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  • Bob Brooks

What Investors Don't Understand About Diversification

The practice of diversification is as old a concept as investing itself.  It is the process of spreading your investments over several different investment classes.  In theory it is the way to reduce risk in your portfolio.

The problem is that diversification is often misunderstood. Here is what you need to know:

Diversification is not about the number of investments it is about the type of investments

I had a client come into my office one time and show me his 401 K statement. He said that his 401 K plan was well diversified. He proceeded to show me that he had his investments spread out over 9 different investments. I told him he had one problem. His nine different funds were all stock funds. Thus, he was 100% invested in stocks with no diversification.  Diversification is not about the number. It is about the type of investments. In theory, different types of investments don't react all the same way when it is comes to a risky market.

You need a lot of diversification to make a difference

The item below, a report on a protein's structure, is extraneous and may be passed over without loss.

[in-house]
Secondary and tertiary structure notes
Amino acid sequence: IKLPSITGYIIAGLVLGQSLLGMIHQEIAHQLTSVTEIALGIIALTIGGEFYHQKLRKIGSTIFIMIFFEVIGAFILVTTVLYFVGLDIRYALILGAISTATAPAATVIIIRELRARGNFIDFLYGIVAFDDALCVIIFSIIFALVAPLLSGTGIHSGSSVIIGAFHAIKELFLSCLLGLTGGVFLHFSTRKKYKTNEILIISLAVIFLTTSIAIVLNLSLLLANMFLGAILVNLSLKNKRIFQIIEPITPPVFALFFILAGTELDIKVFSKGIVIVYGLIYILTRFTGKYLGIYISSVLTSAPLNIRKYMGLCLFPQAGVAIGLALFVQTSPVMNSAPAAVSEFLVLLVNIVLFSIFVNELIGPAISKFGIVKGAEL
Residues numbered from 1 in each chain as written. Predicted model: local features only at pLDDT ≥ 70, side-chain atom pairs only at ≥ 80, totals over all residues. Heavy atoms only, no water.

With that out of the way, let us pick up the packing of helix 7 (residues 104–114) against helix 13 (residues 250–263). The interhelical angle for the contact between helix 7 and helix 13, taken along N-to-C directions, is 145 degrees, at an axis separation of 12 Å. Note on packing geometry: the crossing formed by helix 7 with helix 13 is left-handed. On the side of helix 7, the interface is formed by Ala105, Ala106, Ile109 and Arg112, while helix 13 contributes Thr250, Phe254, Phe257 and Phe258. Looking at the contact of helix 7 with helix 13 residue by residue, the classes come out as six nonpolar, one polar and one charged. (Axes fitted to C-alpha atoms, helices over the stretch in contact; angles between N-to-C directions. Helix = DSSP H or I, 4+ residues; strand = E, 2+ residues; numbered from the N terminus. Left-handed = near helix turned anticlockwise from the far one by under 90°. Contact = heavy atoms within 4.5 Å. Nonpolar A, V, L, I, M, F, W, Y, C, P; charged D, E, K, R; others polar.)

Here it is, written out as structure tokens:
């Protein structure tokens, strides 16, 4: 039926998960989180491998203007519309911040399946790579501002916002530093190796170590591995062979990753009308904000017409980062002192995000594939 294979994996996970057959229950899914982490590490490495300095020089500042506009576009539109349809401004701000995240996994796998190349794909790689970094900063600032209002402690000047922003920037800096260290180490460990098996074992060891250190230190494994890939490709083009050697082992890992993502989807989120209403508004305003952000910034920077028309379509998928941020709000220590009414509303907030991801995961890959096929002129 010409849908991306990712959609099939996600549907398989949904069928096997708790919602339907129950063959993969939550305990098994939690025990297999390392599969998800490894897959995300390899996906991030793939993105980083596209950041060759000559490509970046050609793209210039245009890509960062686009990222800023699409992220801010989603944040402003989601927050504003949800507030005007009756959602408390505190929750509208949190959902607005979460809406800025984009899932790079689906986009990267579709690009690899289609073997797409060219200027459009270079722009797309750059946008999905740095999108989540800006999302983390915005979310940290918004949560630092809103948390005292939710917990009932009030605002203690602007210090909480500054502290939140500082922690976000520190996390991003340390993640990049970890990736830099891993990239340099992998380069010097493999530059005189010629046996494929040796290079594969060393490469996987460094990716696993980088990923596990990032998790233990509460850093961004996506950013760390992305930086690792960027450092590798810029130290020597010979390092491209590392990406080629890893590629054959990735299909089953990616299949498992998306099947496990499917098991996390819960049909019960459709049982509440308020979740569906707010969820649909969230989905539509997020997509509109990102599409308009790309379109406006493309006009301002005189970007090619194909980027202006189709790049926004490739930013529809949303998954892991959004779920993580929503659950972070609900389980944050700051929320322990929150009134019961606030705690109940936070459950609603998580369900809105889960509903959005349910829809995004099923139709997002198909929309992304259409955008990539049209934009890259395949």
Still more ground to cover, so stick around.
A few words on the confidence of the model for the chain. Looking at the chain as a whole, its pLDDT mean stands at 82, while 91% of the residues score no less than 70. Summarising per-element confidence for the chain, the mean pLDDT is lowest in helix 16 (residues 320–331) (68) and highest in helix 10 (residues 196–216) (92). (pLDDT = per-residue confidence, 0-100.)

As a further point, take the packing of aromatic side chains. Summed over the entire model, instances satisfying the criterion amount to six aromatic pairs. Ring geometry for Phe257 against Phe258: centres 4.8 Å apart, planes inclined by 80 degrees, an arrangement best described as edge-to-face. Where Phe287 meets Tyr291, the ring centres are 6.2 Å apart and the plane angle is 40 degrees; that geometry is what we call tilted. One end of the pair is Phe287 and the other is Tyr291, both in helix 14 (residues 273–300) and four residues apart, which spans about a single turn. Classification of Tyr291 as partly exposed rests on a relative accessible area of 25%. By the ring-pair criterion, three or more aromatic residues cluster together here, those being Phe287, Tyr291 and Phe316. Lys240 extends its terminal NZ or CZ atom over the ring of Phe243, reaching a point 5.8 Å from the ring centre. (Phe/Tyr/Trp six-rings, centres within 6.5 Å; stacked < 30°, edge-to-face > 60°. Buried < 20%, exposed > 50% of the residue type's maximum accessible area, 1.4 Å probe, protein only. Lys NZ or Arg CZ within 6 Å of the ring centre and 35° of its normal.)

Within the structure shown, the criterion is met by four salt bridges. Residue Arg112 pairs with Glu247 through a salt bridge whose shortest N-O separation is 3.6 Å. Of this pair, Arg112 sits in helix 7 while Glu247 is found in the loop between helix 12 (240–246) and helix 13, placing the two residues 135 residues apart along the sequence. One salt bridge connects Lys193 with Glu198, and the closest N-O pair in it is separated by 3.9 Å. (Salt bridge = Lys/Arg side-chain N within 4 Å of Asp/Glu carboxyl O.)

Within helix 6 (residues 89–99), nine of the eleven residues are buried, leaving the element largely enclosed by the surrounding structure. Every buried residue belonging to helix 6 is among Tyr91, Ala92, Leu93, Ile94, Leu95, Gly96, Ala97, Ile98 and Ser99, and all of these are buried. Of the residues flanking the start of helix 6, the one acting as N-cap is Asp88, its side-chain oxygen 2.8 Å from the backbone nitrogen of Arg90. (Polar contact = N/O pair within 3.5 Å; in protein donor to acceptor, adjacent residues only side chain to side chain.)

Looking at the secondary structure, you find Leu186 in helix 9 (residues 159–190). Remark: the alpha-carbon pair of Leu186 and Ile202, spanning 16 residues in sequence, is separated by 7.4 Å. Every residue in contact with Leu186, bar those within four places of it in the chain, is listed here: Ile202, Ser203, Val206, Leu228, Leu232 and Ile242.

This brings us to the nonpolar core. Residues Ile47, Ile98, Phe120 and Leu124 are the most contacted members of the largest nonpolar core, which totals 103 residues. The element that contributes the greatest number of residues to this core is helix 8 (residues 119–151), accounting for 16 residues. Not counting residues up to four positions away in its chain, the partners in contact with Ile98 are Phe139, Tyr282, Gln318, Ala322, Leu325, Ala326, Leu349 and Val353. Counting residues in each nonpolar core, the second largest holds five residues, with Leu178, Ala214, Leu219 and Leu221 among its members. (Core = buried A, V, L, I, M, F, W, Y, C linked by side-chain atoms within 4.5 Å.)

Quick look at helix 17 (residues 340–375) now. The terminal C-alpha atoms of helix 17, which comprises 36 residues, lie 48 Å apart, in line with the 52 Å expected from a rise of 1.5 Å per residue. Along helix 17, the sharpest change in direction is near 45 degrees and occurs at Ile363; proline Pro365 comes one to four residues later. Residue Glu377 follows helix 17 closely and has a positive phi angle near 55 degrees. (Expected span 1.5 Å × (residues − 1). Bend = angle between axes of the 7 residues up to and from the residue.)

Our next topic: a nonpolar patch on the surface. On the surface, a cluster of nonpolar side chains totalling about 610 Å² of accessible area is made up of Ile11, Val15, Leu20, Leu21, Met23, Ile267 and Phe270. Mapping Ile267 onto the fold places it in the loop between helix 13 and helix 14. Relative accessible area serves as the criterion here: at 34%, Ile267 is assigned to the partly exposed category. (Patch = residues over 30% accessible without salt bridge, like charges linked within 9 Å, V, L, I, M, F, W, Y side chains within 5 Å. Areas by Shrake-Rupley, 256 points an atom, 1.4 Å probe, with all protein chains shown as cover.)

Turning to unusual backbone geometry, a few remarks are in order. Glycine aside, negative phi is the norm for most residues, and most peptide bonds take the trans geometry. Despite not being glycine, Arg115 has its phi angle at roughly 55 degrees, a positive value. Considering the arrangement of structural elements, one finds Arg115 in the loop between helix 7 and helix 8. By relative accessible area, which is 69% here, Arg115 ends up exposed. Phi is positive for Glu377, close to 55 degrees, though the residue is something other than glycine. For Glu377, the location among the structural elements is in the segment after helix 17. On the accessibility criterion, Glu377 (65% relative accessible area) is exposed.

An investor could think that a portfolio that has 80% in stocks and 20% in bonds is diversified. The truth is that you don't really start to gain the advantages of diversification until you start with 50% in stocks and 50% in bonds. 60%, 70%, 80%, or 90% in stocks don't give you a lot of coverage from risk. It is not until you have 50%, 40%, 30%, 20%, or 10% in stocks that you see a difference. Of course, the other percentage would go in bonds.

Real Estate Investment Trusts are not always a good diversification tool

Real Estate stocks or Real Estate Investment Trusts (REITs) are often touted as a good diversification tool in portfolios. The truth is that a REIT is a stock and in this environment most all stocks travel together, both up and down, giving you no diversification. Now, REITs that are not traded on the stock market could be a good diversification tool. Then again, you have your own set of pros and cons with privately held REITs.    

Diversifying between stocks and bonds doesn't always work

Stocks and bonds can both lose money at the same time. Although history would suggest that the probability of that happening is small, it is still a possibility. Thus, you need to keep this in mind.  

Remember when it comes to investments nothing works 100% of the time as Pop Culture Finance would have you believe.

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